Thursday, July 28, 2016

Fast Friday Indie Interviews: Scott Davis Howard

Scott Davis Howard

Tell me about yourself, Scott.

I hold an MA in British literature from the University of Montana, a BS in communications from Norwich University, am an Agnes Meyer Teacher of the Year nominee, and was a semifinalist in the 2014 Norman Mailer Writing Contest for Educators. I'm at 12th grade English teacher at Patriot High School in Nokesville, VA and thus spend my days regaling my students with thrilling tales about Beowulf, Sir Gawain, Macbeth, and Dorian Gray. I'm married and have two sons. My wife coaches Field Hockey at Kettle Run High School. When I'm not grading papers, I'm generally ferrying my offspring between the soccer field and Cub Scout meetings. In my rare moments of quiet (when the children are eating snacks in the van, sprinkling crumbs all over the carpet), I often wonder when and how I became a soccer mom. I wrote the original draft of my debut novel, "Three Days and Two Knights," on an outdated laptop, standing in my kitchen with an infant strapped to my chest.

What else? I'm a Vermont native and I've lived in Vermont, New Hampshire, Ohio, Montana, and Virginia. I'm a history buff and really enjoy medieval history and literature, the civil war, WWII (especially naval and aviation), and classical Greek, Roman, and Egyptian history. My favorite classic authors are JRR Tolkien, John Steinbeck, Oscar Wilde, Robert Louis Stevenson, the Beowulf Poet, Shakespeare (duh), and Robert Frost. The modern authors that I most admire are Steven Pressfield, Colleen McCullough, Neil Gaimen, Ken Follett, and Bernard Cornwell.

Tell me about your current book?

Three Days and Two Knights is published by The Piedmont Journal of Poetry and Fiction, a local Virginia press. My editor thoughout the whole process has been Robert Scott, Prince William County's poet laureate. He's an author, teacher, and a bit of a local celebrity. I couldn't have done this without his help, so I wanted to give him a shout out, too.

Three Days and Two Knights is a is a genre crossover that blends fantasy-adventure, comedy, and romance in a historical literary setting.

“Few tales tell of heroes and dragons, knights and giants, magic, miracles, love, a banshee, and the undead . . .” So begins Aelfric the Entertainer, this tale’s invasive, witty, and often philosophical narrator. Set on the moors of Scotland in the waning months of Arthur’s rule, "Three Days and Two Knights" tells how Sir Alanbart, an impoverished and spineless knight; Heather, an indomitable and irresistible serving maid; Scot, a pagan swordsman of questionable intelligence and sexuality, and Sir Gawain, the legendary romantic hero, form an unlikely alliance to free King Arthur from prison. The catch? They have just three days before the blue moon rises, at which time the red wizard Rabordath will use Arthur’s blood to conjure a dragon that will end a kingdom and set all of Britain aflame.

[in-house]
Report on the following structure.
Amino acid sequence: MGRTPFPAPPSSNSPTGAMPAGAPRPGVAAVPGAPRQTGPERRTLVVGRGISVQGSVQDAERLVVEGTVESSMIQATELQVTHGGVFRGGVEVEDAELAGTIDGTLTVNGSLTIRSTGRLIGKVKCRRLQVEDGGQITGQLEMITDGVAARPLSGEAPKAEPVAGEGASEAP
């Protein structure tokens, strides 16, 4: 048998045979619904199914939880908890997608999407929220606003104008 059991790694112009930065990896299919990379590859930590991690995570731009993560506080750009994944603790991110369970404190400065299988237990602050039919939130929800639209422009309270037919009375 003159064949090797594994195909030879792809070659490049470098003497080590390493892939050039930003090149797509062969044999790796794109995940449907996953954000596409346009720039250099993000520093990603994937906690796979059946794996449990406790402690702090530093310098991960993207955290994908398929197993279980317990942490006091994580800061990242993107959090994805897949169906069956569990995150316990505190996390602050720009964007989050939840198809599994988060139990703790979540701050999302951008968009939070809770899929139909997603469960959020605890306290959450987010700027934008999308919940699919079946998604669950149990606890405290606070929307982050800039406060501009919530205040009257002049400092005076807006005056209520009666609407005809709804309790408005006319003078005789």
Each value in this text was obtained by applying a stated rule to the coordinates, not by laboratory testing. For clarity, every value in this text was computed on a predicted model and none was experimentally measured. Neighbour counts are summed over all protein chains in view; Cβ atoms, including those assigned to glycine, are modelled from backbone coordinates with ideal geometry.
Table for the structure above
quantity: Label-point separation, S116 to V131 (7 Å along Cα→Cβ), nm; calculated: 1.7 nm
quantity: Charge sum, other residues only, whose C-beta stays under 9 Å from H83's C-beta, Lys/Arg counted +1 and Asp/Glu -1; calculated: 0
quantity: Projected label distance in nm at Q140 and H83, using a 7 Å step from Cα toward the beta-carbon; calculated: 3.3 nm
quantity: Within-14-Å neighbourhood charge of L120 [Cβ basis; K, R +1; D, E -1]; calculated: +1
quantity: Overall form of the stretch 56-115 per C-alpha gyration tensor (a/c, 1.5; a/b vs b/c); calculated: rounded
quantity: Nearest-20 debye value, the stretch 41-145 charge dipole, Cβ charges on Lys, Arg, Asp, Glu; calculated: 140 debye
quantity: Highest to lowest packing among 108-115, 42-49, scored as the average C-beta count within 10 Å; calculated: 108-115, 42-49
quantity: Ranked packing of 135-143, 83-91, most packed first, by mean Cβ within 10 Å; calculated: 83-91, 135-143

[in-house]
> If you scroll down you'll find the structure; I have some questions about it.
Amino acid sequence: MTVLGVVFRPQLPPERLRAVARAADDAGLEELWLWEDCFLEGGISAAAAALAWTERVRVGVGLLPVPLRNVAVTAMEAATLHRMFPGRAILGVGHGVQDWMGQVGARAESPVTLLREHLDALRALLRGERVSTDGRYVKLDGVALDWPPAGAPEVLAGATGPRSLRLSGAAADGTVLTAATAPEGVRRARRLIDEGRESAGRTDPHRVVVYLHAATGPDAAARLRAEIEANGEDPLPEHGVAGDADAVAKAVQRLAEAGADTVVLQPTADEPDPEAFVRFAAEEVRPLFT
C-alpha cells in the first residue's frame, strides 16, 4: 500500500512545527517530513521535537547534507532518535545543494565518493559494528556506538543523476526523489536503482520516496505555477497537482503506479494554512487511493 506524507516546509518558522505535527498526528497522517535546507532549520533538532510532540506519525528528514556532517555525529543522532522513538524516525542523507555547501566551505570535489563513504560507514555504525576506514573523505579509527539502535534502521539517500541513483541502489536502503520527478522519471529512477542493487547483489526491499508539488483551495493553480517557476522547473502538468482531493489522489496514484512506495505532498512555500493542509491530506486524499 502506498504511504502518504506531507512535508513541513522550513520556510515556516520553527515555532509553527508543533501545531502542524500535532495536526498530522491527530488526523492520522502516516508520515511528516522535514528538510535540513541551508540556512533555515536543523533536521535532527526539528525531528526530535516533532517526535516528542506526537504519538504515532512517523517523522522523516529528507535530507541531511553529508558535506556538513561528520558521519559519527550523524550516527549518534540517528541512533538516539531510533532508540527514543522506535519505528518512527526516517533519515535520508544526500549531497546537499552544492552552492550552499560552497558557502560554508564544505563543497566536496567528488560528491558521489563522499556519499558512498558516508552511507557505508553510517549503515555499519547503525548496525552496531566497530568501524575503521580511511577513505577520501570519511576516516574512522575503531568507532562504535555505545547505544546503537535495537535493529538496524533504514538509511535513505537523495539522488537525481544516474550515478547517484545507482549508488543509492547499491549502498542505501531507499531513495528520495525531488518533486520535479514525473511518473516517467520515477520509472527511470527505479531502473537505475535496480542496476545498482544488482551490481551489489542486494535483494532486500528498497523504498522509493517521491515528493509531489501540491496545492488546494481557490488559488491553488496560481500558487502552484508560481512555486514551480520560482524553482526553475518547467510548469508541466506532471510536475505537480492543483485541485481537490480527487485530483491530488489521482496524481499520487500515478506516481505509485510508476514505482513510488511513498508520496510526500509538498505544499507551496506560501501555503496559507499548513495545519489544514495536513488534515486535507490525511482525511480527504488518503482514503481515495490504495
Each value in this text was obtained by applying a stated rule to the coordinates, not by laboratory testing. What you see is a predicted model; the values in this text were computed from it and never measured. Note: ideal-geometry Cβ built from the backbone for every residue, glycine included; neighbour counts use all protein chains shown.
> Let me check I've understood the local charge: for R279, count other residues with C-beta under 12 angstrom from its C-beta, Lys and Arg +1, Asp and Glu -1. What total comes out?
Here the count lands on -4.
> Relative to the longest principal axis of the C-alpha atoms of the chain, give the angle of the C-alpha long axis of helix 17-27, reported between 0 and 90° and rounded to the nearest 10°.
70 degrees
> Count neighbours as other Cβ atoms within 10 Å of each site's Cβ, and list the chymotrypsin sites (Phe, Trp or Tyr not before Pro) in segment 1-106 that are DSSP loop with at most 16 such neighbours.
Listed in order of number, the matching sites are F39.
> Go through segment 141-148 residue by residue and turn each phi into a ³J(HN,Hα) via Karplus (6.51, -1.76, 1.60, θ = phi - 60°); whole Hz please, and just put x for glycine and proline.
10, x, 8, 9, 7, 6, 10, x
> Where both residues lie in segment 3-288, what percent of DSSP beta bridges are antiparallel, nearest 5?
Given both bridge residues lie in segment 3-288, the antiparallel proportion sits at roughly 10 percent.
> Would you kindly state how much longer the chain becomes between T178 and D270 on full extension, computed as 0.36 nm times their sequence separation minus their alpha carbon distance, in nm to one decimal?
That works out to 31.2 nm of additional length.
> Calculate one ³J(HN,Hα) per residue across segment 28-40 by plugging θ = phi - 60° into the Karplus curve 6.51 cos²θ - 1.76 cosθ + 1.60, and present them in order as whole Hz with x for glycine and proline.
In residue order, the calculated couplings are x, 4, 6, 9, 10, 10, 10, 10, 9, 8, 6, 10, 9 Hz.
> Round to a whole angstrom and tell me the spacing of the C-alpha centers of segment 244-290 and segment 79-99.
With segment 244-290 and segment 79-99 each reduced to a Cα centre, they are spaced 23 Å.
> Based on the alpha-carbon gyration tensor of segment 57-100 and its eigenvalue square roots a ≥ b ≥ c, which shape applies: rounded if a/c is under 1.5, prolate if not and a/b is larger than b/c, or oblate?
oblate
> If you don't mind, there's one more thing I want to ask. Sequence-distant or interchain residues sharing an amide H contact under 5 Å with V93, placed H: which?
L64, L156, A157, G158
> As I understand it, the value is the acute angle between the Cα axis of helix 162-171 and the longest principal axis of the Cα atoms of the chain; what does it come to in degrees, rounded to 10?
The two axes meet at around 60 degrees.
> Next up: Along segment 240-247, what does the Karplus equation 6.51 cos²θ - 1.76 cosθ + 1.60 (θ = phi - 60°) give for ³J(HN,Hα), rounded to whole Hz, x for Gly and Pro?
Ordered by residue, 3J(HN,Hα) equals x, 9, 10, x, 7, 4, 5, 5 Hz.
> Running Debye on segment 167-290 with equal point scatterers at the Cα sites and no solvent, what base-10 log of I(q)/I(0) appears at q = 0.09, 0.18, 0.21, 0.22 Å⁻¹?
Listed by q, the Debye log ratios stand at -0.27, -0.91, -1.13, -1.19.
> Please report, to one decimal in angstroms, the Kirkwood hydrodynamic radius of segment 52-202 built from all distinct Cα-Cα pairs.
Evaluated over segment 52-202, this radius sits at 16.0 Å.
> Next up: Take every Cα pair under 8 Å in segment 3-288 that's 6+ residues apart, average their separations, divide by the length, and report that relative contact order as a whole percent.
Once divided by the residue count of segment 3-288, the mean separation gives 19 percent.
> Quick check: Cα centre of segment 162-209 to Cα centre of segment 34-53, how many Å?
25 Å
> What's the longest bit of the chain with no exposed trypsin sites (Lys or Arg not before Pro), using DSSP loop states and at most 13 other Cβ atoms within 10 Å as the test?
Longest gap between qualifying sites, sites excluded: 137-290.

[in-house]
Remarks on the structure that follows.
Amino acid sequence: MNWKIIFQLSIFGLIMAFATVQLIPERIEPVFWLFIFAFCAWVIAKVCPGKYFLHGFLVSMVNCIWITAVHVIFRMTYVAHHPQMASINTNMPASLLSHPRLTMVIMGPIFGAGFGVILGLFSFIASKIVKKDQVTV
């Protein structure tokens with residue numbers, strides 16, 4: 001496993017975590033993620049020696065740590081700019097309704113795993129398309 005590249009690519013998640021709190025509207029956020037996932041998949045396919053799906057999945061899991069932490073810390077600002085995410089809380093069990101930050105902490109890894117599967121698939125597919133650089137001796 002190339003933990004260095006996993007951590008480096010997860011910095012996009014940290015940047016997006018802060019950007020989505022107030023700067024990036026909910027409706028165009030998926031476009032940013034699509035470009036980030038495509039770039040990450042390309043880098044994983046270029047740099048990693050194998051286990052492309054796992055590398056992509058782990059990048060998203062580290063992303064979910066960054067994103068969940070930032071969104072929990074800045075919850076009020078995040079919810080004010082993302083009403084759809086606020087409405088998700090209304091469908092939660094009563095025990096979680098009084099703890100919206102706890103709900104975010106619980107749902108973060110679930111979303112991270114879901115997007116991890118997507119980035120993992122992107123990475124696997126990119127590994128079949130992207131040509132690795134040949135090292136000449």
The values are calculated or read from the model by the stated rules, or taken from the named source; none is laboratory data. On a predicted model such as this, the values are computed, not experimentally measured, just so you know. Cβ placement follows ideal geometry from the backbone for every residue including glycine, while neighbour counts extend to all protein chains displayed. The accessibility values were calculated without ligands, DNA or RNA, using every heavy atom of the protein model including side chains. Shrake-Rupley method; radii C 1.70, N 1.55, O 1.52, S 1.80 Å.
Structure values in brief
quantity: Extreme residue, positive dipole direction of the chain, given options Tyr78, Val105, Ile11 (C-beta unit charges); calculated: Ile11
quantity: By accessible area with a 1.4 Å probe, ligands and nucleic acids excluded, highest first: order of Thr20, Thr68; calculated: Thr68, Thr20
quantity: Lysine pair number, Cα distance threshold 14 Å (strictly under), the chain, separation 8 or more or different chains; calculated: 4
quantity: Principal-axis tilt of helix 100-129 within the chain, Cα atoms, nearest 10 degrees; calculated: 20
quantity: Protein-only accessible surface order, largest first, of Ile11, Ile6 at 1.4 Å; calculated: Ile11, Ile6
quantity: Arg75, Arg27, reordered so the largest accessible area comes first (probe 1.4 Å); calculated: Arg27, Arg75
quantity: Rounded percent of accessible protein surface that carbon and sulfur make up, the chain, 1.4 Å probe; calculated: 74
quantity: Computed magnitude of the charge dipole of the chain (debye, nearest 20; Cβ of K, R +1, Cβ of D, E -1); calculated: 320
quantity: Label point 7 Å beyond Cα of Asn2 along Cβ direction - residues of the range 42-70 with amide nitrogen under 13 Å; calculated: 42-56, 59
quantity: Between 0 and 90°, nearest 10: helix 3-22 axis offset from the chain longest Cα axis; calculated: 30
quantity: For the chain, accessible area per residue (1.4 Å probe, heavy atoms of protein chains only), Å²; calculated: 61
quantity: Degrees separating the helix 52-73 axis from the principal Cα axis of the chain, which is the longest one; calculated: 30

"Three Days and Two Knights" features characters, settings, artifacts, and events drawn from medieval myth and history, and will appeal to anyone who loves the middle ages, knights, monsters, magic, or King Arthur, especially those who grew up with "The Hobbit," Percy Jackson, and Cressida Cowell’s "How to Train Your Dragon" series.

That's the official blurb, anyway. Basically, the book is a 100,000 word medieval adventure that incorporates a whole lot of action, some romance and comedy, alongside history and philosophy. When King Arthur is captured, the three primary heroes must band together to save him, facing increasingly dangerous (and often humorous) situations. I don't want to give anything away, but there *cough, cough* may be a dragon toward the end.

What are you working on now?

Right now I've got a number of projects on the stove. I'm working on a children's story (in ballad stanza) about toys that come to life and engage in an epic war with a house-cat. I've got an idea for a middle-grade fantasy story set in essentially a mythologized medieval world with geography resembling the American west. I'm also considering writing a followup to Three Days and Two Knights.

Where do you write?

I wrote most of the book standing in the kitchen with an infant strapped to my chest, asleep. I had the laptop up on the stove-top, and I rocked back and forth while I wrote. Occasionally, I sipped tea (usually green tea with jasmine). I wouldn't say that is my favorite place to write, but the truth is that it doesn't matter where one writes, but rather that one does write. The book never gets finished otherwise.

What are your favorite websites?

My favorite website would probably be Wikipedia, because the answers to literally everything are just hanging there in cyberspace, waiting to be found, but since that is a bit obvious and bland, I'm going to go with . I don't have a whole lot of time to play video games, but when I find a few minutes, their site has an online (free) emulator that can play just about any 80's or 90's game for the NES, SuperNintento, Sega, GameBoy, or Arcade. It's free nostalgia.


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